Keywords: annealing; elemental semiconductors; germanium; germanium nanocrystals; nanofabrication; nanoparticles; growth; quantum confinement; quantum dots; multilayer; phase separation; sub-oxides; Raman; phonon confinement, semiconductor growth; semiconductor thin films; silicon nanocrystals; sputter deposition; superlattices; transmission electron microscopy; tunnelling; X-ray scattering

Publ.-Id: 15708 - Permalink


The French accelerator mass spectrometry facility ASTER after 4 years: Status and recent developments on 36Cl and 129I
Arnold, M.; Aumaître, G.; Bourlès, D. L.; Keddadouche, K.; Braucher, R.; Finkel, R. C.; Nottoli, E.; Benedetti, L.; Merchel, S.;
Since the acceptance tests of the French 5 MV accelerator mass spectrometry facility ASTER in 2007, routine measurement conditions for the long-lived radionuclides 10Be and 26Al have been established. Yearly sample throughput as high as over 3300 unknowns has been reached for 10Be in 2010. Unacceptable cross-contamination for volatile elements has been largely solved by an ion source upgrade allowing 36Cl measurements at ASTER. However, recent long-term tests using 35Cl/37Cl samples with strongly varying ratios have shown that identical targets lead to different 35Cl/37Cl results at the 2-4% level when being measured after a time gap of 24 hours while the source is running other samples. Besides time dependent mass fractionation, another very likely reason for this effect might be source memory, thus, asking for sophisticated measurement strategies and improved data evaluation and eventually further ion source improvement. Finally, after establishing quality assurance by cross-calibration of secondary in-house 26Al and 41Ca standards and taking part in round-robin exercises of 10Be and 36Cl, a two-step cross-calibration of secondary in-house 129I standards has been performed. The NIST 3231 containing 129I/127I at 0.981 x 10-6 has been used for step-wise dilution with NaI to produce gram-quantities of lower-level standards for every-day use. The resulting material SM-I-9 (129I/127I: ~1 x 10-9) has been measured vs. AgI produced from the two NIST ampoules with (0.982+0.012) x 10-8 solution using minimum chemistry. In a second stage, SM-I-10 and SM-I-11 with ratios of ~1 x 10-10 and ~1 x 10-11, respectively, have been cross-calibrated against SM-I-9. Individual uncertainties of the traceable secondary standards are 1.3-1.4 % (2σ), mainly originating from the given uncertainty of the primary NIST 3231 at 10-8. The cross-contamination for iodine is in the range of 0.4-0.6% within the first 20 hours of running the source.
Keywords: accelerator mass spectrometry; terrestrial cosmogenic nuclides (TCN); calibration

Publ.-Id: 15707 - Permalink


Fracture mechanics characterisation of forged base metal ring of the decommissioned reactor pressure vessel of NPP Greifswald WWER-440 unit 4
Viehrig, H.-W.; Houska, M.; Altstadt, E.; Kuechler, R.;
The investigation of reactor pressure vessel (RPV) material from the decommissioned Greifswald NPP representing the first generation of Russian type WWER-440/V-230 reactors offers the opportunity to evaluate the real toughness response. The Greifswald RPVs represent different material conditions viz. irradiated, irradiated & annealed and irradiated, annealed and re-irradiated. The paper presents test results measured on the trepan taken from the forged base metal ring 0.3.1. located in the reactor core region of the Unit 4 RPV. This unit was shut down after 11 years of operation and represents the irradiated condition. The key part of the testing is focused on the determination of the reference temperature T0 following the ASTM test standard E1921-10. The T0 of 11 thickness locations from the inner to the outer RPV wall varies between 112°C and 130°C with a mean value of 121°C. These are very low values for WWER RPV steel irradiated with fluences between 5.4 to 1.2•1019n/cm2 (E>0.5 MeV) from the inner to the outer RPV wall.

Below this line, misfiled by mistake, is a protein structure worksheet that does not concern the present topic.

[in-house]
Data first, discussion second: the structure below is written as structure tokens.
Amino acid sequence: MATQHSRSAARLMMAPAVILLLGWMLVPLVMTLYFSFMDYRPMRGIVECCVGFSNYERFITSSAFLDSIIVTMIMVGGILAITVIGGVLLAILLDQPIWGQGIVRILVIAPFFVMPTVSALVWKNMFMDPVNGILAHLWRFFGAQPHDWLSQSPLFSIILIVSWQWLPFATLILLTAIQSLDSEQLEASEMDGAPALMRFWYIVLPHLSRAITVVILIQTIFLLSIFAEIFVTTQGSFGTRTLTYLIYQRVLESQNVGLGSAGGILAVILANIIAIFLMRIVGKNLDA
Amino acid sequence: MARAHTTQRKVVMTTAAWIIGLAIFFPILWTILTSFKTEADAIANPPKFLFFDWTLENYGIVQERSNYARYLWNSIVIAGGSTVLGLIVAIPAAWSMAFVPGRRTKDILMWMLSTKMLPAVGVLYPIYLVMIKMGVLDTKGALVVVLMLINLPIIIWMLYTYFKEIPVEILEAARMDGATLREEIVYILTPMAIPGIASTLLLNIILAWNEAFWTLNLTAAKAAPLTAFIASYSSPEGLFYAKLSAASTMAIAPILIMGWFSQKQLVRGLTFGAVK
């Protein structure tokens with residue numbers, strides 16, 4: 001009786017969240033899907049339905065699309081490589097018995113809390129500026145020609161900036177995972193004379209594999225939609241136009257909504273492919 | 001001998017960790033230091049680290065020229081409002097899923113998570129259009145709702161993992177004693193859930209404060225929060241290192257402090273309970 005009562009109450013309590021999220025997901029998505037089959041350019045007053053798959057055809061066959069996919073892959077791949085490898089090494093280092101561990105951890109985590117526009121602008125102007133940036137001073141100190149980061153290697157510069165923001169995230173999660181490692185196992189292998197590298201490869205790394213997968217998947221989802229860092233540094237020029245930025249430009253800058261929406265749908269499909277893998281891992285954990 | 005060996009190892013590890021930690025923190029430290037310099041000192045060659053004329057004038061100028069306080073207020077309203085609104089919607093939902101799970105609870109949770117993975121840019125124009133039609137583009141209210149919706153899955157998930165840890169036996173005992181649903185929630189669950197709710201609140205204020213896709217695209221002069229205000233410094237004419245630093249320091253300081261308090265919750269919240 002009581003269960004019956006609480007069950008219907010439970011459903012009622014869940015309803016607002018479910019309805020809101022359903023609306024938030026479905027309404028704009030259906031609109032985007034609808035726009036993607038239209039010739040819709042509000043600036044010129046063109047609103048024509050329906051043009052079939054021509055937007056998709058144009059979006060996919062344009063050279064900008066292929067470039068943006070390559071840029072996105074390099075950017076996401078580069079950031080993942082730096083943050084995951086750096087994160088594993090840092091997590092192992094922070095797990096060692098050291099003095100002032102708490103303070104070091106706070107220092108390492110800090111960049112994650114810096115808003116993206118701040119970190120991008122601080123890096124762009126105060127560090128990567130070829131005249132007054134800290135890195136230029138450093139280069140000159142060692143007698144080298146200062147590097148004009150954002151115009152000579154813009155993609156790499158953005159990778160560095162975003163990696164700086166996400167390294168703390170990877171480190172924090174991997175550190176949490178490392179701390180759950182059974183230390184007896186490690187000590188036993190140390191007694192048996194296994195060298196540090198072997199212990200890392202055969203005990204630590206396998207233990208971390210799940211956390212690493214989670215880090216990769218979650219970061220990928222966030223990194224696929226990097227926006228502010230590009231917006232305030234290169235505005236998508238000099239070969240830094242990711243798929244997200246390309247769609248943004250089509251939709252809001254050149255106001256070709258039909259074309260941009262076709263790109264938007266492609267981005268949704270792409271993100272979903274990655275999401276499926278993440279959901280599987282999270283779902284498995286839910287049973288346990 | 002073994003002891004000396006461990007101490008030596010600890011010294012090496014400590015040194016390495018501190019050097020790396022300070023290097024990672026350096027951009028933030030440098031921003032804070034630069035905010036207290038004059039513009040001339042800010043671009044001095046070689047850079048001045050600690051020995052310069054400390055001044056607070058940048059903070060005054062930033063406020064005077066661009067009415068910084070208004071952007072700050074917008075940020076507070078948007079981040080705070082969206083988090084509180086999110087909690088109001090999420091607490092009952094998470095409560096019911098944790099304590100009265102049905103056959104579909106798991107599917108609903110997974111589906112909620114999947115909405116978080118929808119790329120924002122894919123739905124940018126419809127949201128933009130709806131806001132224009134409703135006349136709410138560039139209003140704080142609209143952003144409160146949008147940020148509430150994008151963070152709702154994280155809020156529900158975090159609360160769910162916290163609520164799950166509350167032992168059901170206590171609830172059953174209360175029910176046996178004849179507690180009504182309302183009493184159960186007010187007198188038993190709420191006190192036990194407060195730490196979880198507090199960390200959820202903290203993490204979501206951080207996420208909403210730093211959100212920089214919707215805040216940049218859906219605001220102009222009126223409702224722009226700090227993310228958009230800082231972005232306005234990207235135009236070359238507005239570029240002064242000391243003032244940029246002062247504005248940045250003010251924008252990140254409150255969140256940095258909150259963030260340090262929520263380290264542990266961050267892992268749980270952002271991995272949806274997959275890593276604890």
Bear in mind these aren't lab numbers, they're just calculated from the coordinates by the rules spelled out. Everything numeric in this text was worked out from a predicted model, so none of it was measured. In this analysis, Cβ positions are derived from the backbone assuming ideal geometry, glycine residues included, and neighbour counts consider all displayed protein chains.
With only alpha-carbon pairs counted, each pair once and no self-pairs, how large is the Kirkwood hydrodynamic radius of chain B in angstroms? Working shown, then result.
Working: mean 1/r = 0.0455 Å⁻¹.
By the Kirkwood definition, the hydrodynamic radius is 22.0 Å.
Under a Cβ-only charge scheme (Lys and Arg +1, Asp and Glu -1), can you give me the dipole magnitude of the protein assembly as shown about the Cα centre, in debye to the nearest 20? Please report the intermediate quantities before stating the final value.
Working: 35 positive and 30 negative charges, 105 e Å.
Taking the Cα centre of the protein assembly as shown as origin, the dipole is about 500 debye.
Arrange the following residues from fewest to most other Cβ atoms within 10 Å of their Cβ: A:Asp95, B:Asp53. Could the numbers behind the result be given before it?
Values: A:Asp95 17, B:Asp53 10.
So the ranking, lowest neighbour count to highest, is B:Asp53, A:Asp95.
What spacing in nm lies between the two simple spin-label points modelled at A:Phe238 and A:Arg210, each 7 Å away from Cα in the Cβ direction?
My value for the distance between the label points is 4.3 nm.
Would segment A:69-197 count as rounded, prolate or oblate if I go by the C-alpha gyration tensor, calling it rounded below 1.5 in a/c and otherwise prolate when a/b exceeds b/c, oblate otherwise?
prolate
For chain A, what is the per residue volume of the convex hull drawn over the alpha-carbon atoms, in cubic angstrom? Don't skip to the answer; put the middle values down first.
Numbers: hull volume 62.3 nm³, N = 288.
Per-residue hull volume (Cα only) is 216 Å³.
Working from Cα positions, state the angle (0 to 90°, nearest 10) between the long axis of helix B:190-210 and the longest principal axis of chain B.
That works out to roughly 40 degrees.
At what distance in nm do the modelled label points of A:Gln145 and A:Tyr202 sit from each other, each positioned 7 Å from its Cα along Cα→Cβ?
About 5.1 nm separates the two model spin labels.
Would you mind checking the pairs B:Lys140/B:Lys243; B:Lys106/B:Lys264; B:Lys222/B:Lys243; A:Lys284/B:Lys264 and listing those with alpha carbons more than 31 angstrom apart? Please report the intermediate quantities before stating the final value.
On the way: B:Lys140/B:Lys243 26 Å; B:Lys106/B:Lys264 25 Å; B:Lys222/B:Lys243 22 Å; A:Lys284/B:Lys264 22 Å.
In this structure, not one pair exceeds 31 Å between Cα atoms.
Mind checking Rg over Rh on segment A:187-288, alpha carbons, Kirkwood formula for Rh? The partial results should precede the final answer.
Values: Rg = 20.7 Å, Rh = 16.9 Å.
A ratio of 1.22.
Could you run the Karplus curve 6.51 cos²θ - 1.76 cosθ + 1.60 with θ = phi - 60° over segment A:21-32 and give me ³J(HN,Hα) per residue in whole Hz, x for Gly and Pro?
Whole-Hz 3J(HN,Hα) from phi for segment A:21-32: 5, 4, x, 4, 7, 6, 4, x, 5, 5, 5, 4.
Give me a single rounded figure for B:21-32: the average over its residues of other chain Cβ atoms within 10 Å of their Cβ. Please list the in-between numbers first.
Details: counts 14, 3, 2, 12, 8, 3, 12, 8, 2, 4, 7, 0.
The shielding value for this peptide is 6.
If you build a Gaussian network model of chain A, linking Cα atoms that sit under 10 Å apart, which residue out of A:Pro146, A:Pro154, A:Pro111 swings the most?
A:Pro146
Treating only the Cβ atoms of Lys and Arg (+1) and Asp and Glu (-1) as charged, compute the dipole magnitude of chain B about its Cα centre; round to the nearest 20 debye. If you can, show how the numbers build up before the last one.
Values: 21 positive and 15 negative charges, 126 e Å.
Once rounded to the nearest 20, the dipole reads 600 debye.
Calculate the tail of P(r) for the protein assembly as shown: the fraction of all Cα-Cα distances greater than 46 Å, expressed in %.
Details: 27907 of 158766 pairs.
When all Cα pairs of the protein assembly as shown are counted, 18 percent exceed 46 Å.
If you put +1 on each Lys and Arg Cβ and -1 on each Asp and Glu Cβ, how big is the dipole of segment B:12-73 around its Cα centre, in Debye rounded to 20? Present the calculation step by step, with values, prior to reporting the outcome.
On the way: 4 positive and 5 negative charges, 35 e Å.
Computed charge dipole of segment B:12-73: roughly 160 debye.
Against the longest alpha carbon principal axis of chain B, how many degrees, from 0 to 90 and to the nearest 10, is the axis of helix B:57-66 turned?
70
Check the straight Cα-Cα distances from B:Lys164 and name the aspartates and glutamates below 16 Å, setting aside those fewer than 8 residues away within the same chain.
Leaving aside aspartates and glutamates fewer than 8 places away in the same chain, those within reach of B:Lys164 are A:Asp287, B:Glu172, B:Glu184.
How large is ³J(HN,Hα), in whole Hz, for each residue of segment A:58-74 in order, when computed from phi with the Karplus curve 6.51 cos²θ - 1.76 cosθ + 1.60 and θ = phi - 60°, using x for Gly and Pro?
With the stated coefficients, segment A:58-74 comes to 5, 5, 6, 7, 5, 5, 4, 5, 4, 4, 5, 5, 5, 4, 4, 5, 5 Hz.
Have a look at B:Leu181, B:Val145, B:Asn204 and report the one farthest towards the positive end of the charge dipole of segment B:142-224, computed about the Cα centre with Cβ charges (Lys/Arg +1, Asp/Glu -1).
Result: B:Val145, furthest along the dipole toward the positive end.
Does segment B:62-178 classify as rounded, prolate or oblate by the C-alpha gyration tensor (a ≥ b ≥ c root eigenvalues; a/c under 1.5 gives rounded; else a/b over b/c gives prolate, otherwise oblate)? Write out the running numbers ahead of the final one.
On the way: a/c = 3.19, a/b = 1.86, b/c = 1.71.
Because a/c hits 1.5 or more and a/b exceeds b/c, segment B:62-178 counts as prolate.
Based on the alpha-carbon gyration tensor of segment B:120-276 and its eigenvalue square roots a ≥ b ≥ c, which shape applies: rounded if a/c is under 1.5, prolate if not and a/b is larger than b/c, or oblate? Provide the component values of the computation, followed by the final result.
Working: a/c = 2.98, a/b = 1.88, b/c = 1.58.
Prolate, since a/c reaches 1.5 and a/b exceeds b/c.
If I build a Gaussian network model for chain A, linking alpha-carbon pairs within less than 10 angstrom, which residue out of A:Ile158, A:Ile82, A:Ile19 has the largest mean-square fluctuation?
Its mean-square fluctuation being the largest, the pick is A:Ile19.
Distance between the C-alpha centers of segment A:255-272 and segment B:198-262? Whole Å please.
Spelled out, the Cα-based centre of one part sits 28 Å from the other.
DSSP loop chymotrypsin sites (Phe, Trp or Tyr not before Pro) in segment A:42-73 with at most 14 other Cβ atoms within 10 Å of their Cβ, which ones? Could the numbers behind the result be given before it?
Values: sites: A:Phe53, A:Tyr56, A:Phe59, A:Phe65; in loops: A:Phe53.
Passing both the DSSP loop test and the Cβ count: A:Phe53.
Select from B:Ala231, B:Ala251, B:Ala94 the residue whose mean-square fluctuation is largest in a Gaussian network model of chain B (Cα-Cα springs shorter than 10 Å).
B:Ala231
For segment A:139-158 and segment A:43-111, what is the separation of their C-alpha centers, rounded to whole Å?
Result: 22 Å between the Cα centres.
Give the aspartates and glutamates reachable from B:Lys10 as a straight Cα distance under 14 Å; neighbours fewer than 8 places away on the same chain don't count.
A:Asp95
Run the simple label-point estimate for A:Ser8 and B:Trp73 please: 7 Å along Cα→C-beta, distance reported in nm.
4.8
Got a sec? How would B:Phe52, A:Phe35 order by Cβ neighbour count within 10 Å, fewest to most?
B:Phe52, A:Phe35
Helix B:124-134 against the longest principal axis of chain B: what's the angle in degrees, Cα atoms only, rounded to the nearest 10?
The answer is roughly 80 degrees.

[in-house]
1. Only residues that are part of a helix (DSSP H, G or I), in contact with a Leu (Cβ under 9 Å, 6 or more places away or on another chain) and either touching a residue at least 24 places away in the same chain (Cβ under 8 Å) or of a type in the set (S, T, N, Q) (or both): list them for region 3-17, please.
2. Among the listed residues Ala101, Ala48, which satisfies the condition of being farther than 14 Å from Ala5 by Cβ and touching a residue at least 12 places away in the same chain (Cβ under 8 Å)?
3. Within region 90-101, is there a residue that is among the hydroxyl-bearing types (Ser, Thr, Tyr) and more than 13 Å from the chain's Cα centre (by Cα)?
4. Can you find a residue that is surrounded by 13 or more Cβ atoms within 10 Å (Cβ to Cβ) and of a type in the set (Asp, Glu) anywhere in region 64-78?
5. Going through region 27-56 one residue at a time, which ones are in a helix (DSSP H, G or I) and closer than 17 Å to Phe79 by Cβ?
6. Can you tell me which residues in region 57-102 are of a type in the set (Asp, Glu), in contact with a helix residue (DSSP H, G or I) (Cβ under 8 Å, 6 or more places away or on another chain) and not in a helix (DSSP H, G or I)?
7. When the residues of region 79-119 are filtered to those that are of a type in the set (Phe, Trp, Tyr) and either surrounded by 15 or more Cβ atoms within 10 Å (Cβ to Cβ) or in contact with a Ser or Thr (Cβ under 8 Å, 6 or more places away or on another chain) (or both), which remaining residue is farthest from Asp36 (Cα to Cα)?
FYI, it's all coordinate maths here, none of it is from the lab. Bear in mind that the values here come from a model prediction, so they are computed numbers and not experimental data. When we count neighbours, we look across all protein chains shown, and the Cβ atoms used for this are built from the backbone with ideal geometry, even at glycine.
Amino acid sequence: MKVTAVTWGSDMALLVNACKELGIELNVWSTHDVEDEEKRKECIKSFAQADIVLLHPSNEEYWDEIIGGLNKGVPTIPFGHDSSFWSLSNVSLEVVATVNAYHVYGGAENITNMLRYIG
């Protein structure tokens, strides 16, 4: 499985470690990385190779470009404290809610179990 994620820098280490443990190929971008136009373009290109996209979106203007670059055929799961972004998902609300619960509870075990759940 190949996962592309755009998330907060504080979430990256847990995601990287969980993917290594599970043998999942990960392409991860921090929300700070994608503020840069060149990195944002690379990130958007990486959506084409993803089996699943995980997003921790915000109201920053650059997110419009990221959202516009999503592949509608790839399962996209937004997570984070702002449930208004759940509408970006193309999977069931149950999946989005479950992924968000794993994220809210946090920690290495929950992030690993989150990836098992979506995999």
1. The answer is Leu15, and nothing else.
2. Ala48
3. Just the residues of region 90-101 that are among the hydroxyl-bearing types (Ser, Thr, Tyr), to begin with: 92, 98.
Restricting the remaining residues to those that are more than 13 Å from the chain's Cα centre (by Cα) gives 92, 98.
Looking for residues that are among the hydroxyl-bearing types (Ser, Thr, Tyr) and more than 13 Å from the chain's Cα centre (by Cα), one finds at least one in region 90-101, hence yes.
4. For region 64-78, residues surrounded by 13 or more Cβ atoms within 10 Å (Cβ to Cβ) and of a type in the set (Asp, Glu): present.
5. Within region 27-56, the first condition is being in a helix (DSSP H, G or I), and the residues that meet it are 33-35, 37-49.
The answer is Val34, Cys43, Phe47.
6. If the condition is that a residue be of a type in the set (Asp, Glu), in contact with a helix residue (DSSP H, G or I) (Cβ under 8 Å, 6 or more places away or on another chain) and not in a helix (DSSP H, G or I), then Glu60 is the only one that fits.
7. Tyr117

The fracture toughness values at cleavage failure, KJc, measured on LS oriented pre-cracked and side-grooved Charpy size SE(B) specimens from defined thickness locations of the forged ring strongly scatter. More than allowed 2% of the specimen size adjusted KJc-1T values lie below the fracture toughness curve for 2% fracture probability. The application of modified MC based evaluation methods indicates the material as non-homogeneous. Because of very low KJc values the SINTAP step 3 evaluation gave a maximum T0SINTAP of -40°C. The multimodal MC evaluation of KJc values from all thickness locations gives a T0MM of -118°C and a standard deviation of 25 K. The course of the fracture toughness curves evaluated by multi modal approach also do not represent the measured KJc values since more than 2% lie below the fracture toughness curve for 2% fracture probability. The reason for the occurrence of very low KJc values is seen in intergranular planes detected on the fractured surfaces of the specimens.
Keywords: reactor pressure vessel steel, neutron irradiation, fracture toughness, Master Curve approach, non-homogeneous steel, SINTAP, multimodal approach
  • Book chapter
    T. Yamamoto: Effects of Radiation on Nuclear Materials: 25th Volume, STP 1547, USA: ASTM International, 2013, 978-0-8031-7533-4
    DOI: 10.1520/STP104056

Publ.-Id: 15706 - Permalink


Trehalose renders dauer larva of Caenorhabditis elegans resistant to extreme desiccation
Erkut, C.; Penkov, S.; Khesbak, H.; Vorkel, D.; Verbavatz, J. M.; Fahmy, K.; Kurzchalia, T. V.;